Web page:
Camping Fridges – They’re Not All The Same!


Buying a camping fridge can seem like a daunting task, they are not all the same, so many brands, confusing technical information.

How do you choose one?

It depends on how you plan to use your portable fridge. Camping, 4wdriving, fishing, or is it going to live in the shack for 2 months?

In this blog we break down the differences between camp fridges, look at how they work and which one is best for you.

Thermo-Electric for short trips

Waeco TC-14 Cooler

A thermoelectric fridge is more of a cooling box as it doesn’t usually get cold as a fridge.

These work using the Peltier effect, which is the ability to create heating or cooling when electricity passes through two different conductors.

The “Peltier Effect” means that if you pass electricity through a special metal plate in a certain direction, you will make the plate hot, or if you pass it through in the opposite direction you will make it cold. A fan then blows air across the cold plate and into the box to cool it down.

Pro’s – small and inexpensive

  • Generally cost under $200
  • With the absence of a compressor, these cooling boxes are often quite small, with plenty of space inside

Con’s – high power consumption, limited cooling ability

  • Can only cool to 20 – 30 degrees below ambient temperature
  • Consuming power at around 4 – 5 amps per hour, you can’t leave these running off your car for more than a few hours

Best Use – day trips

Great for picnics and short road trips. Popular with courier and truck drivers to keep lunch and drinks cold.

3 Way Fridge for long stays

Can be run on lpg gas, 12 volt and 240 volt power supplies. When used correctly, they are a very efficient and reliable.

Primus 3-Way Camping Fridge

A 3-way fridge uses an absorption method which is a fully sealed system that relies on heat to get it started. Water and ammonia are heated in a ‘generator’ and rises to a ‘separator’ where the water and the ammonia gas are separated. The gas rises to a ‘condenser’ where it cools and forms liquid ammonia which mixes with hydrogen and evaporates, removing heat from the cabinet. The mixture then heads to an ‘absorber” where the ammonia mixes with water again and the cycle continues.

Pro’s – very, very efficient, on gas

  • Around 1kg of gas can give you up to a week of operation and drop temperatures to the point of freezing items in the cabinet
  • Gas, 12V or 240V makes them very versatile
  • Can be bought new for as little as $300 but beware, as with anything, you get what you pay for!

Con’s – Need ventilation and large current draw

  • On 12V, a 3-way fridge will use up to 6amps an hour which is a huge current draw
  • These fridges often come with a bubble level to make sure you keep them flat, or they won’t work!
  • Cannot safely run on gas inside a car or caravan, good ventilation is required. This means you will need to take it out of your vehicle every time you want to stop and run it on gas, which will be every night due to its current draw.
  • Produce a lot of heat which needs to rise out of the back and top of the fridge. You will need to pack carefully giving it lots of room, which means it really shouldn’t be used in an enclosed boot or box.

Best Use – long stays

Extended stay’sat a shack or if you intend on setting up camp for long periods. Also suitable for 4wdrivers and and as a caravan fridge.

Compressor Fridges are popular all-rounders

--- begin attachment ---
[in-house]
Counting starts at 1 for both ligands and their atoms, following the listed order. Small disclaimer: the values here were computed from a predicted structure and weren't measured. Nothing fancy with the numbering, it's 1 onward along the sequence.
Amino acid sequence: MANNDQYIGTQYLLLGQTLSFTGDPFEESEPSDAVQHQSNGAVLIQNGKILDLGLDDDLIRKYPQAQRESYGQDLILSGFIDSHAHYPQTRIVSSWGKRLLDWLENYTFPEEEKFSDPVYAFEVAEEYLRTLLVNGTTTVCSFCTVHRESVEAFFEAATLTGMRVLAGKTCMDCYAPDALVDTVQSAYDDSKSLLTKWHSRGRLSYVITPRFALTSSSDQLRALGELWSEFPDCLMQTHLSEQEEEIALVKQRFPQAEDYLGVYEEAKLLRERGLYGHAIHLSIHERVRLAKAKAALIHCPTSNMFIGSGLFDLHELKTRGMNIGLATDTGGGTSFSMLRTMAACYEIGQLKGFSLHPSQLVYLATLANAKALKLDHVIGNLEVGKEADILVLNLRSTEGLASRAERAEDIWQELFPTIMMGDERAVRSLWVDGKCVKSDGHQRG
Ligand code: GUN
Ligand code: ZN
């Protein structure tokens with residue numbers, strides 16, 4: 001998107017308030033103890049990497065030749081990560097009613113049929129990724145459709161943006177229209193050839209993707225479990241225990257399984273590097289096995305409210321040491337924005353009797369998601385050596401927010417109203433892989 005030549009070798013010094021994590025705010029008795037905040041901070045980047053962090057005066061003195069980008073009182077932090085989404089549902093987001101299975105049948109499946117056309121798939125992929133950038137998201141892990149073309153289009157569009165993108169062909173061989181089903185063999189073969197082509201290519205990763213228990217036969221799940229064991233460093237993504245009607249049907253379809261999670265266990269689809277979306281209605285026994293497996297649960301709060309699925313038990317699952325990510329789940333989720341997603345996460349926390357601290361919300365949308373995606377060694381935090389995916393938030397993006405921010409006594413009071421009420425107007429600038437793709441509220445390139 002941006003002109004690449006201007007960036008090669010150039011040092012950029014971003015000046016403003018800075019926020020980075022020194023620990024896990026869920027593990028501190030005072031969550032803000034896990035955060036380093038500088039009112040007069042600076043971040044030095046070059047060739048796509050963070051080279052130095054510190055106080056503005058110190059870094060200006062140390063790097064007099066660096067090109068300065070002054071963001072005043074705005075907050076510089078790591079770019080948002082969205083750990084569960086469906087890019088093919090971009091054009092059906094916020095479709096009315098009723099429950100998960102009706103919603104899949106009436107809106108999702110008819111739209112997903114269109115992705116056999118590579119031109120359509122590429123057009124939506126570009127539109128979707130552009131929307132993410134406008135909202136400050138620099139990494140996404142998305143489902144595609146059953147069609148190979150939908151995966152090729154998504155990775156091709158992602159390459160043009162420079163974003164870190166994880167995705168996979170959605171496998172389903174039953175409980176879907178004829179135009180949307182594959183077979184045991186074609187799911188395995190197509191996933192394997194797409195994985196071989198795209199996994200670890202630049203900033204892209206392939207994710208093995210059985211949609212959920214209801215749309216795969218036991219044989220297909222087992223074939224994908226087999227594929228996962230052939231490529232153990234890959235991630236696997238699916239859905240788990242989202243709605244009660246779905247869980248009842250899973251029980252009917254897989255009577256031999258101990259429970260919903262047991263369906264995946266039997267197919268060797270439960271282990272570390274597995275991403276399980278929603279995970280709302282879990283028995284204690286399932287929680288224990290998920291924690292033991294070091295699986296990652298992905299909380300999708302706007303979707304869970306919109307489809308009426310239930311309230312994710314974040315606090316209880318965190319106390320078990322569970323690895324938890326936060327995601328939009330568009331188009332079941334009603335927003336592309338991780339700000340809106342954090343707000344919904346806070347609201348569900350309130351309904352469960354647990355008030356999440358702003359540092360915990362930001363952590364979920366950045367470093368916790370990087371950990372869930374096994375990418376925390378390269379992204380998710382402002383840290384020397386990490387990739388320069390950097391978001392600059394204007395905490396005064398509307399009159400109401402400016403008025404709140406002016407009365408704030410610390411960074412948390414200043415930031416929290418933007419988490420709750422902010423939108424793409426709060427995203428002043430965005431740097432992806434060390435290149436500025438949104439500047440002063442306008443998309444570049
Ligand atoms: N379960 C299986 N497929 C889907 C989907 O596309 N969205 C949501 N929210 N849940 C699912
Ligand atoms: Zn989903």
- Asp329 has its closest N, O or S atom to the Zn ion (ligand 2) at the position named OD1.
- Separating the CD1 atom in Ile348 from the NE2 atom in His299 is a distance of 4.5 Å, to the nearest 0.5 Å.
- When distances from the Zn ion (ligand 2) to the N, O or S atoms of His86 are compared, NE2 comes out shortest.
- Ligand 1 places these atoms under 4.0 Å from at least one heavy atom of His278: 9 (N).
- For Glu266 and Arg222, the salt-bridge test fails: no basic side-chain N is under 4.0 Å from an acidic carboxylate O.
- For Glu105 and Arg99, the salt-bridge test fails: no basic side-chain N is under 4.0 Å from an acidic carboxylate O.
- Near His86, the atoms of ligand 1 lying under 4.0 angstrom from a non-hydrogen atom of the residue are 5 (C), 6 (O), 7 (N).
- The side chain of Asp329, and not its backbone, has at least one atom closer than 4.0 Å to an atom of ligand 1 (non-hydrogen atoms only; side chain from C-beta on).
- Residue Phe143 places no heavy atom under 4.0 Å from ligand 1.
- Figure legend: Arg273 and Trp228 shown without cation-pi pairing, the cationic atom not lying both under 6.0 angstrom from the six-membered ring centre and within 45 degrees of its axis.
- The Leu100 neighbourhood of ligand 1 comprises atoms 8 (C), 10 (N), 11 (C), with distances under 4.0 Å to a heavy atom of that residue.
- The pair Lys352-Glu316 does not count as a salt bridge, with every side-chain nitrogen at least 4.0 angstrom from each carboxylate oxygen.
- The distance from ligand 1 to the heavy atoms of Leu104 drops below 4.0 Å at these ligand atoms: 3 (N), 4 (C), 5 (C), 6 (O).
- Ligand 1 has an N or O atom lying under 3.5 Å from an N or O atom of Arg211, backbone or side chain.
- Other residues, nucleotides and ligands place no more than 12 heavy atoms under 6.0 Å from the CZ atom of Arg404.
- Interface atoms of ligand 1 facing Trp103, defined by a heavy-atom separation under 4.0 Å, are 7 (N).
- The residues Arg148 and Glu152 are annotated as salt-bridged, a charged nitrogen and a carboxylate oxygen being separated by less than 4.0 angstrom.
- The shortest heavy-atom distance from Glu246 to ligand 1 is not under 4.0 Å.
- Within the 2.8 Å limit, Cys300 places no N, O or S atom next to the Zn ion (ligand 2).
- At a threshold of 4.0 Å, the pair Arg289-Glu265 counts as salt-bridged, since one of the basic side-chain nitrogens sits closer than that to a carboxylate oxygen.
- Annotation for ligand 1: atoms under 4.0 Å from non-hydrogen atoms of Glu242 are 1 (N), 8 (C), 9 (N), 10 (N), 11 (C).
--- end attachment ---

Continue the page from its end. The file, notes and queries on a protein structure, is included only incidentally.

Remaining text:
These are the most popular camping fridge due to low current draw and high cooling efficiency.

Common names such as Waeco and Engel are famous for their compressor driven fridges.

Engel MTF45 Camp Fridge

I’ll try and keep it simple – a compressor is used to pump refrigeration gas around the system. The gas is compressed to a liquid and sent to the cooling elements where it evaporates, removing heat from the cabinet. The gas then gets pumped through outer fins releasing the heat before returning to the compressor.

Pro’s – efficient, robust and versatile

  • Will cool very effectively and can often reach temperatures of -18degrees even on hot days
  • Efficient operation on 12V, 24V and 240V power.
  • Depending on internal and external temperatures, power consumption averages out to around 1amp per hour.
  • Built strong and are designed to handle the harsh outback environments.
  • Safe to leave running in the car, but still, need some ventilation to keep the compressor cool.

Con’s – expensive

  • Expensive, although the introduction of cheaper generic brands has helped to bring the price down. “You get what you pay for” is definitely a principle that should be applied here
  • Only operate on electricity. Most will have the option of having a 240V transformer built in but the smaller sizes are often 12V only.

Best Use – does it all

Camping, 4wdriving or an extra fridge/freezer at home, they will do it all.

Check out our range of fridges here, or for immediate answers to your questions contact us at Snowys.

About the writer...

David Leslie

G’day! My name is Dave and there is nothing I enjoy more than getting out in the bush and enjoying the challenge and serenity of travelling around this beautiful country of ours.
After 6 years working as an Outdoor Ed Instructor, I’ve joined the team down at Snowys to help others get geared up and head to the outback!
As an enthusiastic photographer and freelance writer for 4WD Action magazine, I love to get out and capture God’s stunning creation and share it with the world.
After getting married at the end of 2010 and having our first child January 2012, I’m looking forward to seeing more of this beautiful country with my family.

Joined back in December, 2011

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